Every year, I set aside time for self-reflection, focusing on my personal and professional development. This year is particularly significant as it marks my third year as the Dean of Trades and Technology at Medicine Hat College. As someone who loves movies, the number three holds a special significance for me – trilogies, anyone! This milestone year at Medicine Hat College has highlighted three key themes (My own personal trilogy) that have distinctly stood out to me.
100 Coffees in 100 days
When I first considered applying for the job, I reached out to a friend for advice. As a former dean, she told me that one of the most important things she ever did was take the time to get to know her teams. She called this 100 coffees in 100 days. She would meet someone for coffee and chat with no agenda. Just get to know who they are, what they like, and how things are going. This was ambitious and required a ton of caffeine intake, but the underlying reason couldn’t be argued:
Relationships are ESSENTIAL!
Understanding the importance of authentic relationships across our community has been key. These relationships extend beyond our students to our staff, faculty, industry partners, and community. Seeing how fostering genuine connections can create a supportive and dynamic educational environment has been enlightening. These relationships have not just been about imparting knowledge or administrative collaboration; they’ve been about creating a community where everyone feels valued and connected.
Culture eats strategy for breakfast.
I love Seth Godin. The amount I have learned from him about leadership can not be overstated. I could watch this man talk about paint drying and find it riveting.
Recently, I was reading his latest book, “Song of Significance.” In it, Seth states, “Culture beats strategy every time.”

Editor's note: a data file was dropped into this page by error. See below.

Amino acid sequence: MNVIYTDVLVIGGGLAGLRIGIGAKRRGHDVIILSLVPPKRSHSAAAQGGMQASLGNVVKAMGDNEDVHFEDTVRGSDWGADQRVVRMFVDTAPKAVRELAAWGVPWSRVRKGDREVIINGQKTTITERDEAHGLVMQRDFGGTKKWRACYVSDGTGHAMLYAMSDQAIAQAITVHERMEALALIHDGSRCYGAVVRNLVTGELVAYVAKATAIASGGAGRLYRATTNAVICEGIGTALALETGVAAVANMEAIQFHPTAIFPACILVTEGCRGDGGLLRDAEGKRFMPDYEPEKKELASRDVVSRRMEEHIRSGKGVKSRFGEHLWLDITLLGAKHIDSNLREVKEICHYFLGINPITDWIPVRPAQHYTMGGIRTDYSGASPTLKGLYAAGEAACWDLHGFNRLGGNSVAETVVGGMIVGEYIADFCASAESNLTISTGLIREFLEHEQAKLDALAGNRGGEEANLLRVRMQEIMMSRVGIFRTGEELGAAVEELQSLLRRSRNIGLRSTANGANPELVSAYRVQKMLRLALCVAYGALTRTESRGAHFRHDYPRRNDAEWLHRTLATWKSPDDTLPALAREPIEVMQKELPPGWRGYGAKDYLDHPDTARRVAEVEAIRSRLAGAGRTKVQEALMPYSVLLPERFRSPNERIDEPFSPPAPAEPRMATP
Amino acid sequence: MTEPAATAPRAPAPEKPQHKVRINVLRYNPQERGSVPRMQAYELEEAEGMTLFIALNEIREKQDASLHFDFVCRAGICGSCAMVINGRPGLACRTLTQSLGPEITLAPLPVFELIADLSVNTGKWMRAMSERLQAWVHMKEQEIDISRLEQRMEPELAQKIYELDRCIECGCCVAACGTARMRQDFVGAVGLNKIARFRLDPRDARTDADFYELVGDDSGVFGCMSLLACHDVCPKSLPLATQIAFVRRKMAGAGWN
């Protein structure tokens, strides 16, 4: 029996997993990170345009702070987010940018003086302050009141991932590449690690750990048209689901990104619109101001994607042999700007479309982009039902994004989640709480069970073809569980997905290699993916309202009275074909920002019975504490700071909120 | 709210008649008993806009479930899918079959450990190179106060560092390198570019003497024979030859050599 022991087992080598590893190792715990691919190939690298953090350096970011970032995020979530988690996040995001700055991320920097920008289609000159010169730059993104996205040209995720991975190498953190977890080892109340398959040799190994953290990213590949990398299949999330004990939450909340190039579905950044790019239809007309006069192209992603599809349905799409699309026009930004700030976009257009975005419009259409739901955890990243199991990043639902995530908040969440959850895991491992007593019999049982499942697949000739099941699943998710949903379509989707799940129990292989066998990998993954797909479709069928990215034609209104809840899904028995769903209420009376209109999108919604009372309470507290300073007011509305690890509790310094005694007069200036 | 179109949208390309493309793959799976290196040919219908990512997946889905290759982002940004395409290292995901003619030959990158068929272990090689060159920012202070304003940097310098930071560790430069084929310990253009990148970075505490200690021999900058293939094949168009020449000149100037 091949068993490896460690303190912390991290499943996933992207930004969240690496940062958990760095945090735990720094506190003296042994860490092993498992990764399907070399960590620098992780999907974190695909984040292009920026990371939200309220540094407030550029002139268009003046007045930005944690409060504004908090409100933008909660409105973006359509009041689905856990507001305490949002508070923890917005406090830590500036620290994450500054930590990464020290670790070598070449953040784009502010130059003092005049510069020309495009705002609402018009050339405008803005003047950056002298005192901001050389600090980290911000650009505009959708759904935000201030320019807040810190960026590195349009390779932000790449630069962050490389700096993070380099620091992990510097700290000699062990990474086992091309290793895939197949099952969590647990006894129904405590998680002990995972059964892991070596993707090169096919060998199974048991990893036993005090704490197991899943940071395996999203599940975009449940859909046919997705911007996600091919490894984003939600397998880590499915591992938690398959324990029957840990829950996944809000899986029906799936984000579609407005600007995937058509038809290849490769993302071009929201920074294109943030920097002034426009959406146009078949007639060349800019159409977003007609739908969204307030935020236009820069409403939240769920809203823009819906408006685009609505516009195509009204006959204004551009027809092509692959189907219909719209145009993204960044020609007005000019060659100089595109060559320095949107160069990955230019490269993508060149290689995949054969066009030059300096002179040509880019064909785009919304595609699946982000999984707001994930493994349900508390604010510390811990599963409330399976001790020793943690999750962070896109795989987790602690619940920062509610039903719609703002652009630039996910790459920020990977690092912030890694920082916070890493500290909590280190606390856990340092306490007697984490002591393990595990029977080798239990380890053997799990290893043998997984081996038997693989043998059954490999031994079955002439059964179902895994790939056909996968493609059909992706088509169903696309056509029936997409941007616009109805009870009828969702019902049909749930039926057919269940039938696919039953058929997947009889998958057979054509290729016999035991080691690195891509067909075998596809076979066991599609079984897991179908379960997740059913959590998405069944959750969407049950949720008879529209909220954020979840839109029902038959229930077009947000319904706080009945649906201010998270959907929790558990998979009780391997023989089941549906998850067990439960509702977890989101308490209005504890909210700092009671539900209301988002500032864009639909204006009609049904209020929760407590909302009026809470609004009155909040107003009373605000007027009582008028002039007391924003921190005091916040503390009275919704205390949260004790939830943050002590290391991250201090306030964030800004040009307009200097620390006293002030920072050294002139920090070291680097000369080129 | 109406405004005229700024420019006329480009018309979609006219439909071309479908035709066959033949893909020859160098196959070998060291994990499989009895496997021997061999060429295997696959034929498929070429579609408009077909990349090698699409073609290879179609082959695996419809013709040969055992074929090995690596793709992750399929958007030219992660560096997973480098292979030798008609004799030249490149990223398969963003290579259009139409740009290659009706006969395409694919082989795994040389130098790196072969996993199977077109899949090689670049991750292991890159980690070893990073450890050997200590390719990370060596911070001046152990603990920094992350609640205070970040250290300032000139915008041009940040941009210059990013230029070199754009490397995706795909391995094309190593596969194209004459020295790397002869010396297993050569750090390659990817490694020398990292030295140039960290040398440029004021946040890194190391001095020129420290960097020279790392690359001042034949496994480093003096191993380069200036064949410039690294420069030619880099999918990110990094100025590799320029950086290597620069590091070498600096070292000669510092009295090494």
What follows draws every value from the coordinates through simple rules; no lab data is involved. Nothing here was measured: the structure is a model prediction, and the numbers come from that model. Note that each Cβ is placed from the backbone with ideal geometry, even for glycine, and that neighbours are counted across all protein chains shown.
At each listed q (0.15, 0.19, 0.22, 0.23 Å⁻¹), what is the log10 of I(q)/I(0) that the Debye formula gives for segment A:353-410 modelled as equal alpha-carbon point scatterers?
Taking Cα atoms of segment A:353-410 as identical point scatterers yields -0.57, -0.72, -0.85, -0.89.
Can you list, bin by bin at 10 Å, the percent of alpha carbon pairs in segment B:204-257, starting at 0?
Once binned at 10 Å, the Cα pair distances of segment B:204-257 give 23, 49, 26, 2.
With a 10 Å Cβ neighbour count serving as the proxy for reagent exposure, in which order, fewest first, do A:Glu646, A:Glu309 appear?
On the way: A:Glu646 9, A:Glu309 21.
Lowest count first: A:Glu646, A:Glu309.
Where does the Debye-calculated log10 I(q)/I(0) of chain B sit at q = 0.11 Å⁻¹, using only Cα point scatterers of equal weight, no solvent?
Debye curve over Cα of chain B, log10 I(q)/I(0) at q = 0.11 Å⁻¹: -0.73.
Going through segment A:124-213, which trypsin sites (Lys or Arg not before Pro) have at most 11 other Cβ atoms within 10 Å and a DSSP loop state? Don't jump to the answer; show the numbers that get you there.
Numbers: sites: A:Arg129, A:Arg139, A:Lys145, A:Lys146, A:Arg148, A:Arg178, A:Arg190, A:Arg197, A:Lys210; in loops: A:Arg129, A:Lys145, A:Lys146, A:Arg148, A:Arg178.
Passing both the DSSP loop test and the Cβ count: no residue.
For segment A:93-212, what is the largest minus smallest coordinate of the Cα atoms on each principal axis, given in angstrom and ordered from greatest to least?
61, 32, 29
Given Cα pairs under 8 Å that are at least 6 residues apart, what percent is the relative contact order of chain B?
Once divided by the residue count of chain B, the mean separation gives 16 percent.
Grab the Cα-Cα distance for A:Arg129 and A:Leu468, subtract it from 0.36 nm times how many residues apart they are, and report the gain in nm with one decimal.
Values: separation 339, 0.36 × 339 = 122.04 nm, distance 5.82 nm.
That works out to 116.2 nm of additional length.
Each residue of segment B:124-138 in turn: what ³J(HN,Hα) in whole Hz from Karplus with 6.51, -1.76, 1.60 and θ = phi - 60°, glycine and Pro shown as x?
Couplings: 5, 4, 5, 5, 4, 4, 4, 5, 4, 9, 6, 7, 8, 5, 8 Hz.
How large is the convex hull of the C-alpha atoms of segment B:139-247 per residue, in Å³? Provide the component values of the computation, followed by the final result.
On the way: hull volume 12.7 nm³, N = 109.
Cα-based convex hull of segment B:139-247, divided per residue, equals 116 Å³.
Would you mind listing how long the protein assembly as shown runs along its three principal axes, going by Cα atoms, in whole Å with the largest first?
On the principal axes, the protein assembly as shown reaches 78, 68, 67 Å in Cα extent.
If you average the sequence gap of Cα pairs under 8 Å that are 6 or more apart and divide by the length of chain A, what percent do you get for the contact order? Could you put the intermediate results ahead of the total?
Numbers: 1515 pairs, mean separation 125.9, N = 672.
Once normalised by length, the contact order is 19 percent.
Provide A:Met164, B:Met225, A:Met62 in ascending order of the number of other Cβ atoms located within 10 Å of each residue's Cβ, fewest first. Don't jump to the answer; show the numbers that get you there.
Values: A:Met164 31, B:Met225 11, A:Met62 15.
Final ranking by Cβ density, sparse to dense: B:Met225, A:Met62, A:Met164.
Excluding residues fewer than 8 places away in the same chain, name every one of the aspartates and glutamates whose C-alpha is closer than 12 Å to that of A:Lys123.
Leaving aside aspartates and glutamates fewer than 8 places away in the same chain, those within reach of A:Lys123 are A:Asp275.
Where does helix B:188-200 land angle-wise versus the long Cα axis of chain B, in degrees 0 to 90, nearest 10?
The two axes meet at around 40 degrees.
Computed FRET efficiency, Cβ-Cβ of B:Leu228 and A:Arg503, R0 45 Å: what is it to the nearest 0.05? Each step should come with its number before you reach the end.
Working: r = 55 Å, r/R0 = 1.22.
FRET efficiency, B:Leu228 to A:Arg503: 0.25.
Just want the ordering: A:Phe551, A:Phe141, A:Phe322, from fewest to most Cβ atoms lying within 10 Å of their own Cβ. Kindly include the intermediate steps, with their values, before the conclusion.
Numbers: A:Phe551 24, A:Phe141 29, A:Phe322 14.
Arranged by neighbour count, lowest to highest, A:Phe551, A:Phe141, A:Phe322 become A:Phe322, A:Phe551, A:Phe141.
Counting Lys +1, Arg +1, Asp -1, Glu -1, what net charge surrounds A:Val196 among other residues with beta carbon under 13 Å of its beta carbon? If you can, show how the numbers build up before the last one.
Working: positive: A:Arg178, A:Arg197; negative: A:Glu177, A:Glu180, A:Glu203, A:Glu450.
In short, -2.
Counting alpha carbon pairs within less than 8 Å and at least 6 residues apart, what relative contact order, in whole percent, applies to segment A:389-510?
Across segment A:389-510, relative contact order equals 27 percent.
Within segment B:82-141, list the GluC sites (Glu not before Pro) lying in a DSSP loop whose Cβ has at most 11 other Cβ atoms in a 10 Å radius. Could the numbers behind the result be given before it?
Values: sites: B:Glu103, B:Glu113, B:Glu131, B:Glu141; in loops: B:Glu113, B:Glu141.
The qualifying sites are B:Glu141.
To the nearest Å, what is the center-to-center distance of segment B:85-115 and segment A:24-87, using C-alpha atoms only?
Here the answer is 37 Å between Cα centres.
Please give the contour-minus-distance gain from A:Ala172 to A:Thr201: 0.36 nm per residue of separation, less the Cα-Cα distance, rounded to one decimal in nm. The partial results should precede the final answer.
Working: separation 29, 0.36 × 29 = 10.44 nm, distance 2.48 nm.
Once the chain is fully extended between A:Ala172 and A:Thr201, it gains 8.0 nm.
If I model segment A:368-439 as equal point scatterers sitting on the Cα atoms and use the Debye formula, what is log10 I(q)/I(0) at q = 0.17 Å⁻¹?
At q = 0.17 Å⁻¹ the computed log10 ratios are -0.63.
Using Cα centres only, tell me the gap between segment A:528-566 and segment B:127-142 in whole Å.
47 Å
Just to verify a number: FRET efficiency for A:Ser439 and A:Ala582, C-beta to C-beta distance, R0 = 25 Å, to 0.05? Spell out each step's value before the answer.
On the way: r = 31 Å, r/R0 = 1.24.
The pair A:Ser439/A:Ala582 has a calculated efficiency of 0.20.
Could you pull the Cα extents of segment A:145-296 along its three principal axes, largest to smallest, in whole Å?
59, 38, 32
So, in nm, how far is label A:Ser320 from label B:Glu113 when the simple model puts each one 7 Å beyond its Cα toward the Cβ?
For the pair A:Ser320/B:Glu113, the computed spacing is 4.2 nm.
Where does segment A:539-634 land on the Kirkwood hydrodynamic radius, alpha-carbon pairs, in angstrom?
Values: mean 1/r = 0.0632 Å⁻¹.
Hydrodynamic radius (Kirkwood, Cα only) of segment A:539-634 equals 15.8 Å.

Culture beats strategy every time.Seth Godin
I’ve seen how a vibrant, inclusive culture is more effective than any strategic plan. In my position at the college, I have been fortunate to be part of many conversations about strategy and strategic plans. I love these conversations, but I’ve learned that if you don’t have a team willing to buy into the strategy, it will be an aspirational statement at best or fizzle out completely at worst. It’s about creating an atmosphere that encourages everyone in our community to thrive and innovate, and this realization has been a guiding light in my approach to leading our college.
All you need is patience.
Axel Rose said it best when he said, “Take it slow, and it’ll work itself out fine. All we need is just a little patience.”
Another theme has been the value of patience in my role. Change in the educational sphere is often a gradual process, requiring thoughtful consideration and time to be effective. Big, creative ideas are great, but so is the realization that the academic machine moves a little slower than some would like. While frustrating, I’ve also learned that there is a method to the madness and that this perceived “slowness” has been more beneficial than a hindrance. This patience has been essential in ensuring that the changes we implement are meaningful and have a lasting impact. It’s a reminder that meaningful progress often comes not from rapid shifts but steady, considered steps forward.
Not all Trilogies end well.
As I’ve shared my trilogy of reflection, I realize that some might think that trilogies never end well- Does anyone remember Godfather Part III? I would push back that one of the greatest films of all time- The Good, The Bad, and The Ugly- ended the Dollars trilogy on a high note.
Reflecting on these past three years at Medicine Hat College, the intertwined themes of building authentic relationships, prioritizing culture over strategy, and embracing patience have been more than just professional guideposts; they have also been pivotal in my personal growth. These past three years have been a profound learning experience, reshaping my understanding of leadership and community.
As I continue in my role, these lessons remain central, guiding my actions and decisions, not just as a dean but as someone committed to lifelong learning and growth. My experience here is a testament to the evolving nature of leadership, enriched by every opportunity to connect, reflect, and grow. This journey, with its challenges and triumphs, has been an invaluable part of my life, both professionally and personally, reminding me that the path of leadership is as much about self-discovery as it is about guiding others.